Moon Girl and Devil Dinosaur Is An Honest To God Delight

This is not exactly a spoiler, but not a lot happens in the first issue of Moon Girl and Devil Dinosaur. Like many first issues in Marvel’s “All-New, All-Different” universe, it spends a lot of time setting up the tone of the book going forward. And Moon Girl’s tone is so unrepentantly joyful, it doesn’t matter.


Minor spoilers ahead for Moon Girl and Devil Dinosaur #1, by Brandon Montclare, Amy Reeder, Natacha Bustos, and Tamra Bonvillain.

The set up of Moon Girl and Devil Dinosaur is pretty simple: it’s what happens when Lunella, a smart, inquisitive young girl with a passion for science meets Devil Dinosaur, the iconic Jack Kirby creation that is... a giant dinosaur.

He roars a lot. It’s his thing.

The first issue goes full on in its adoration of the classic Jack Kirby era of comics from which Devil Dinosaur was born—between the moments that the book focuses on Lunella, we get flashbacks to the time of Devil Dinosaur and his classic companion, Moon Boy, as they battle the Killer Folk, a race of primate-esque beings that are another classic Kirby hallmark.


In fact, the actual set up feels very much like a merging of that era with the modern day Marvel. You have this wild, zany action in the past, all dramatic dialogue that wouldn’t sound out of place in a silver age comic, sharply contrasted with the very modern Marvel setting of a young girl at school. It’s very Ms. Marvel, but with an even younger protagonist with her family and friends (well, classmates—Lunella is a bit of a loner), against the backdrop of the ongoing spread of Terrigen Mists that has been touched on in several other new Marvel books. They’re two disparate worlds that come together in a compelling way, both tonally and aesthetically — and by the end of the issue, quite literally, when Devil Dinosaur and a horde of Killer Folk come charging through a giant portal to the present.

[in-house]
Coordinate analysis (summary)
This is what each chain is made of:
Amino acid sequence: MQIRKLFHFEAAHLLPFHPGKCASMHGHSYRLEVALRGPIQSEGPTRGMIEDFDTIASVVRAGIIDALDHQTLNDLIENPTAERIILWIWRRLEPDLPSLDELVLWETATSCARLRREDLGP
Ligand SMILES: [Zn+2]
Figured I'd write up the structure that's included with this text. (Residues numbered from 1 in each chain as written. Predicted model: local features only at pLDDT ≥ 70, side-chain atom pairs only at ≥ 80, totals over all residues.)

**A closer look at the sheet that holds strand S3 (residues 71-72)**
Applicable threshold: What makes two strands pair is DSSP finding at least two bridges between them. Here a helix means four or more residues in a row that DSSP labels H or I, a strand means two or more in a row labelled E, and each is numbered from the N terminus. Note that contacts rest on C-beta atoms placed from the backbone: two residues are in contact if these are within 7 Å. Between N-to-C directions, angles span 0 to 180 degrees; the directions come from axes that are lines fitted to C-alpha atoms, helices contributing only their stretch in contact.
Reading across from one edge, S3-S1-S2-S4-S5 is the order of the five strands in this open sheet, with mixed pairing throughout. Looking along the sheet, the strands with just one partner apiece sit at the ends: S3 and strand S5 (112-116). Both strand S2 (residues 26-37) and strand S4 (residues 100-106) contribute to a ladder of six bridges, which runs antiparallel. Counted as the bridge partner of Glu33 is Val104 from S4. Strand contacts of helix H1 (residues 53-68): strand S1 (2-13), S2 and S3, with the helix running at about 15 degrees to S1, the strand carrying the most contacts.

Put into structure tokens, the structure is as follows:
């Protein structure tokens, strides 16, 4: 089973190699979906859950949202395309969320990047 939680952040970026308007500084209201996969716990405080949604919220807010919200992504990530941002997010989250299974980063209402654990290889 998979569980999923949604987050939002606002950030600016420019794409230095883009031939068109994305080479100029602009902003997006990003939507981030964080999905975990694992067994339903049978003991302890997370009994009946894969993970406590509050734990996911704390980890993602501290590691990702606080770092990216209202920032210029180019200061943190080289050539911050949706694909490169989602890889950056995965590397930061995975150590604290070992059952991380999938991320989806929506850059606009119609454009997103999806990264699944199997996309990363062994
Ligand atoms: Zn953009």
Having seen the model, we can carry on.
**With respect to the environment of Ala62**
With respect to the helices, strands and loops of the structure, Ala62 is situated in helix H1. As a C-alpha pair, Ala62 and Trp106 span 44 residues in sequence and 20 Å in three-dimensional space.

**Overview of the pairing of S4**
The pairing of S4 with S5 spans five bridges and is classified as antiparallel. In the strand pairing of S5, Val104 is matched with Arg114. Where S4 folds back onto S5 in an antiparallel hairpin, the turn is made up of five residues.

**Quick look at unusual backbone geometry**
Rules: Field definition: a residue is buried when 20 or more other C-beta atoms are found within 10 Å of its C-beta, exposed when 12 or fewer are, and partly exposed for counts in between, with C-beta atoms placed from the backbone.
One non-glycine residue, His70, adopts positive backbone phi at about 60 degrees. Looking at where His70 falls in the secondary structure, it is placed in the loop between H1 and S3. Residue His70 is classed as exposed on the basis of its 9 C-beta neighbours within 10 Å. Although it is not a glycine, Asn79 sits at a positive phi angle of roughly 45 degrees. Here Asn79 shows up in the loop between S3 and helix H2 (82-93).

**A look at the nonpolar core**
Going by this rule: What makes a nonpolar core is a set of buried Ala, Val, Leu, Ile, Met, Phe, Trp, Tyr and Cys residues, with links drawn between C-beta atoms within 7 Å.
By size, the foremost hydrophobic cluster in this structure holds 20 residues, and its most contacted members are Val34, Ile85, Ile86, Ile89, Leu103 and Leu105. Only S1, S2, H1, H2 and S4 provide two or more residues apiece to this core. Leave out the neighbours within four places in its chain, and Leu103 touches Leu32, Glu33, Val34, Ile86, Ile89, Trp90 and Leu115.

A lot of that is down to the gosh darn cuteness of it all. Natacha Bustos’ art is just the right amount of cartoony to give everything a wonderful sense of levity, even the giant roaring dinosaur. It’s complimented by Tamra Bonvillain’s vivid color work, which bursts off the page. It almost makes Moon Girl and Devil Dinosaur feel like a sugar-coated Saturday morning cartoon; you just breezily accept everything going on. (Inhumans? Sure. Supersmart little girl? Yeah, what the hell. Killer-Folk? Great! Giant dinosaur? Of course!) But it’s also down to the way Reeder and Montclare totally nail their new protagonist in such a short period of time. You can’t help but fall in love.


Supersmart without being arrogant, Lunella is an adorable version of the long time Marvel child prodigy Amadeus Cho, with an Inhuman twist. She’s discovered she’s got Inhuman DNA, and is focusing all of her considerable smarts on finding a way to avoid interacting with the mists so she doesn’t turn into something she’s not. It’s a very primal, emotional response, despite Lunella’s vastly advanced intelligence. That, paired with her loner life at school, makes for a compelling relatability that’s refreshing in Marvel’s line up of heroes young and old.

It might not have a lot going on from the very get go, but Moon Girl and Devil Dinosaur’s uniqueness — in a sea of status quo shake ups and series continuations — is too charming to resist. Hopefully the series can put all of that adorability to good use going forward.


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